Jesus the Master Communicator #2: He used images

Last week we began talking about Jesus, the Master Communicator. When we encounter Jesus in the New Testament we tend to view him through the lens of him as our Savior and Lord. But how often do we view him through the lens of Jesus the Master Communicator? In light of this, what are some ways we can adopt this communication style in our own communication of the gospel in formal and non-formal ways?

Over six weeks we will be highlighting some of the communication styles of Jesus. Last week we talked about the first one: Jesus used good stories. Today we will look at the second one.

2.  Jesus used everyday objects and verbal imagery

If you give someone a mental picture, he will take it home and it will be in his heart for a long time. Jesus knew that and often used everyday images and objects or provided rich verbal imagery.

When Jesus talked about paying taxes to Caesar in Matthew 22, he used an actual coin. The Pharisees as usual were on a mission to “entangle” Jesus by using the current political situation. Being under Caesar’s rule, they were trying to get Jesus to say that the people should not pay taxes to Caesar. However, this would be action against Roman rule. But rather than get riled up about the question, as the Pharisees expected him to do, Jesus simply took an everyday object (a denarius coin) and asked simply, “Whose likeness and inscription is this?” To which the people said, “Caesar’s.” Then he said to them, “Therefore render to Caesar the things that are Caesar’s, and to God the things that are God’s.” Jesus  knew what was in the hearts of the Pharisees, and he used their own example to turn it around on them.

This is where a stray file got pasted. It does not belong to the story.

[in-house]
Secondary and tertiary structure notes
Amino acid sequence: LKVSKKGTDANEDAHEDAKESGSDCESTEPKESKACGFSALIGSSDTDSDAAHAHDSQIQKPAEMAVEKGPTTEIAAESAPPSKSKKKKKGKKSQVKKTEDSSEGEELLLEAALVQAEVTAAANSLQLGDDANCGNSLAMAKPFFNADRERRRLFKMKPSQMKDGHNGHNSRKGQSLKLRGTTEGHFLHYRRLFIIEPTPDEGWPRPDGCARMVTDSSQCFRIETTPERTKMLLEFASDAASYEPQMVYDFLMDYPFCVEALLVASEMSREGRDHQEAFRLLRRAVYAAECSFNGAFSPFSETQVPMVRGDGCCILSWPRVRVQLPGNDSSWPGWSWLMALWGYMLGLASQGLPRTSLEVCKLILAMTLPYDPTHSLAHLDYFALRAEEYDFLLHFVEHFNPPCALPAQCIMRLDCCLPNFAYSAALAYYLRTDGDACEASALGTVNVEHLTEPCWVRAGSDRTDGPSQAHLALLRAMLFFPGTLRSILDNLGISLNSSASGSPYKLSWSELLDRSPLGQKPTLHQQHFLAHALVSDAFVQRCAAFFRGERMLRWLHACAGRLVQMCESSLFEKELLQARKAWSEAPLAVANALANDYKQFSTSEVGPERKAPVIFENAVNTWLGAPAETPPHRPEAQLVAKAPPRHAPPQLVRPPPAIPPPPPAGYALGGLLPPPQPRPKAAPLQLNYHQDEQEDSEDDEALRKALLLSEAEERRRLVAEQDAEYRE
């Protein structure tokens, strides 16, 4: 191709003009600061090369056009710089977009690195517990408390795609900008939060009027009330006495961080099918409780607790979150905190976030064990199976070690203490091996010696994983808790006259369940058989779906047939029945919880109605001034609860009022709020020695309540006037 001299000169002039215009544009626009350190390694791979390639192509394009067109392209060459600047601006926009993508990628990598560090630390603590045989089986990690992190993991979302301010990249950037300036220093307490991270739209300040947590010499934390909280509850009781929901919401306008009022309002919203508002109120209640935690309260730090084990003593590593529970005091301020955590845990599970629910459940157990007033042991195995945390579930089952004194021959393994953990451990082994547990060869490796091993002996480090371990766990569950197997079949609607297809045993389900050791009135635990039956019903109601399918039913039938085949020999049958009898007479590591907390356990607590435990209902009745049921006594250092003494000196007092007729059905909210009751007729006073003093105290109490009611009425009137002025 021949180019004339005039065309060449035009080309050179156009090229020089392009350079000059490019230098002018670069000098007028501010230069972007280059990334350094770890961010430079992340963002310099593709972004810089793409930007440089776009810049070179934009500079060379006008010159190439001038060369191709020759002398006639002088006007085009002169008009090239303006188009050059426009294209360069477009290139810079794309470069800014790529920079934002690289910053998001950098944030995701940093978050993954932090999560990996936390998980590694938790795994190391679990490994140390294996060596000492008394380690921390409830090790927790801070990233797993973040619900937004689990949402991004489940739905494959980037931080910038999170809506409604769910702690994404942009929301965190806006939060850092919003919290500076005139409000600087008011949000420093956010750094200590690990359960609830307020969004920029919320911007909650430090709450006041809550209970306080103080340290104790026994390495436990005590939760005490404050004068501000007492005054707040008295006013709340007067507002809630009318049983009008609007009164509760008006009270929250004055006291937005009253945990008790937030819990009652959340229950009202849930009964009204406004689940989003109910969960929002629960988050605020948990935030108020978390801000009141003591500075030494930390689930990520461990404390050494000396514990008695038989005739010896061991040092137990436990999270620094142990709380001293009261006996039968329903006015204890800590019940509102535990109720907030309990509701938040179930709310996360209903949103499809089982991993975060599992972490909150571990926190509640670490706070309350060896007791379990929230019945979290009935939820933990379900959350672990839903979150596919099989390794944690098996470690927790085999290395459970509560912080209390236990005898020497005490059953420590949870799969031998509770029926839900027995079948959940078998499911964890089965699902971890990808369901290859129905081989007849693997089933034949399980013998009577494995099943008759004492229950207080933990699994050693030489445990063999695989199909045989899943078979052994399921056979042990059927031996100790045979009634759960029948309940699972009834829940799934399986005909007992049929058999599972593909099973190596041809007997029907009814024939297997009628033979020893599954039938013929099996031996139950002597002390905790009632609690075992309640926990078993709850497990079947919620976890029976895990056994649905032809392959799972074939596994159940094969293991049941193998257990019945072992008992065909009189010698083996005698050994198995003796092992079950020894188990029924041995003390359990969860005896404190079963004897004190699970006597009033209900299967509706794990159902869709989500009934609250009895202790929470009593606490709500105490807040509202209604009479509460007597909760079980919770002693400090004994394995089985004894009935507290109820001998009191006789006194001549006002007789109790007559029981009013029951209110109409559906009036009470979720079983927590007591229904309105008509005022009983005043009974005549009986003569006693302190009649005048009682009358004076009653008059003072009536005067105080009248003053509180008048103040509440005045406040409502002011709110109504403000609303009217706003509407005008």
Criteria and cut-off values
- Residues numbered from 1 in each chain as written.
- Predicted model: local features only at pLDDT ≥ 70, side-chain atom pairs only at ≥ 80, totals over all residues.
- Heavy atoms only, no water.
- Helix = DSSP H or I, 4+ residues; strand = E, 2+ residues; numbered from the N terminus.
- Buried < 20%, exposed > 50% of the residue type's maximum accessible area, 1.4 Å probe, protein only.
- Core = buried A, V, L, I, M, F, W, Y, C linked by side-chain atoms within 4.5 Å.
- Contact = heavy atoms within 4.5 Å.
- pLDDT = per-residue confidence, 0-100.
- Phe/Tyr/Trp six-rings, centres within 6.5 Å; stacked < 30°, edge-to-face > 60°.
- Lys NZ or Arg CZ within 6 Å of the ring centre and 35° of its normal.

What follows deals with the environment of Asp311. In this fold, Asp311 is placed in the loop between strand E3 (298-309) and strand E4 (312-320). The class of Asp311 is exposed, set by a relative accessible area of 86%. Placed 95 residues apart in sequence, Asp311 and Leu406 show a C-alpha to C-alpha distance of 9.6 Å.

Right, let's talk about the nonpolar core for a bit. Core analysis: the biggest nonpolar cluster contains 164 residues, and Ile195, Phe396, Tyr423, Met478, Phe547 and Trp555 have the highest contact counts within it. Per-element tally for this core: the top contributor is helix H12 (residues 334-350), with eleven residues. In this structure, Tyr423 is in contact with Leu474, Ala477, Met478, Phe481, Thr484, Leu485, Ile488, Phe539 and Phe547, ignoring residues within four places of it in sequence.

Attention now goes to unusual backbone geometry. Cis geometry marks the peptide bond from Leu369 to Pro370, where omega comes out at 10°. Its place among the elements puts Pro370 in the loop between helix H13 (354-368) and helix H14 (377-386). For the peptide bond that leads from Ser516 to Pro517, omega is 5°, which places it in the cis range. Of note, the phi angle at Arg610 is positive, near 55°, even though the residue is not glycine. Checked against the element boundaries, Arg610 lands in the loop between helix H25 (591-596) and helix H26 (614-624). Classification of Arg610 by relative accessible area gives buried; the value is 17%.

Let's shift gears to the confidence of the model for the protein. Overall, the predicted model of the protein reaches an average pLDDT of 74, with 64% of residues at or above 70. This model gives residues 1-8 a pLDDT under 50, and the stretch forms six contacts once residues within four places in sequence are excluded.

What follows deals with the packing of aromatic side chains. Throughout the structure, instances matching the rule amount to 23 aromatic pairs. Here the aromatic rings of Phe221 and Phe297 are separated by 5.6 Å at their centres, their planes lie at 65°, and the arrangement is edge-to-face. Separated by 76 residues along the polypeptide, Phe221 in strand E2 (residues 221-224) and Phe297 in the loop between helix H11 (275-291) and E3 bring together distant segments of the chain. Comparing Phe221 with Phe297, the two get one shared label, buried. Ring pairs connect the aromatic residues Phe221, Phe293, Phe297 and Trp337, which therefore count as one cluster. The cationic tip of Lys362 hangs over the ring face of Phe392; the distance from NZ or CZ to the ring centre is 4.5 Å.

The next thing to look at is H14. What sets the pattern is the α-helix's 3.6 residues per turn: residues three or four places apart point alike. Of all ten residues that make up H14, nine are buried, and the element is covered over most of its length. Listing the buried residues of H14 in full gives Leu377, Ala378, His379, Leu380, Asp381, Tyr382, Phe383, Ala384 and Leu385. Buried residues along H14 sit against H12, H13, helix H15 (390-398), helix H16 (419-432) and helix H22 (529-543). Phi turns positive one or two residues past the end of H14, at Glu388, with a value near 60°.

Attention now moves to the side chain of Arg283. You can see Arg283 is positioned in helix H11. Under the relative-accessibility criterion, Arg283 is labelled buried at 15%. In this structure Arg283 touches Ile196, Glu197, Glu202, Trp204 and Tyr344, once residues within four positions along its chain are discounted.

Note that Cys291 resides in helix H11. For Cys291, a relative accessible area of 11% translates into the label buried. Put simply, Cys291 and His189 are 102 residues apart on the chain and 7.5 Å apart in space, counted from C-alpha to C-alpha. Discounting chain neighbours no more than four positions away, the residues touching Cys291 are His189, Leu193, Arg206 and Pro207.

Now, Jesus could have lectured. He could have filled his instructions with “oughts” and “musts” and “shoulds.” He could have delivered an hour-long sermon about the responsibility towards the state and responsibility towards God. But he didn’t. He used a simple object and asked a simple question. The best part, though? It says, “And when they heard it, they marveled!” (Matthew 22:22)

In other situations Jesus used vivid verbal imagery to describe what he was talking about. For example, when talking about the greatest in the kingdom of heaven in Matthew 18, he said, “Whoever receives one such child in my name receives me, but whoever causes one of these little ones who believe in me to sin, it would be better for him to have a great millstone fastened around his neck and to be drowned in the depth of the sea.” (Mt. 18:5-6) I don’t know what your imagining as Jesus describes that picture, but the image of a millstone (an object of serious punishment, heavier than anything we can bear) tied around my neck and then being thrown into the sea is not exactly subtle. Granted, I don’t use a millstone every day in my life, but the people with Jesus did. Perhaps if Jesus was telling this today he’d talk about tying a Volkswagon around one’s neck and being thrown into the middle of Lake Michigan. That’s certainly not an image we are likely to forget.

Jesus spoke in images, not abstract concepts.

Whether it be peaceful images like flowers, birds of the air, mustard seeds, and rocks, or more vivid images like millstones and cutting-off-of-hands, Jesus was always painting a mental image or a picture.

What other verbal images or physical objects do we see Jesus using in his communication?

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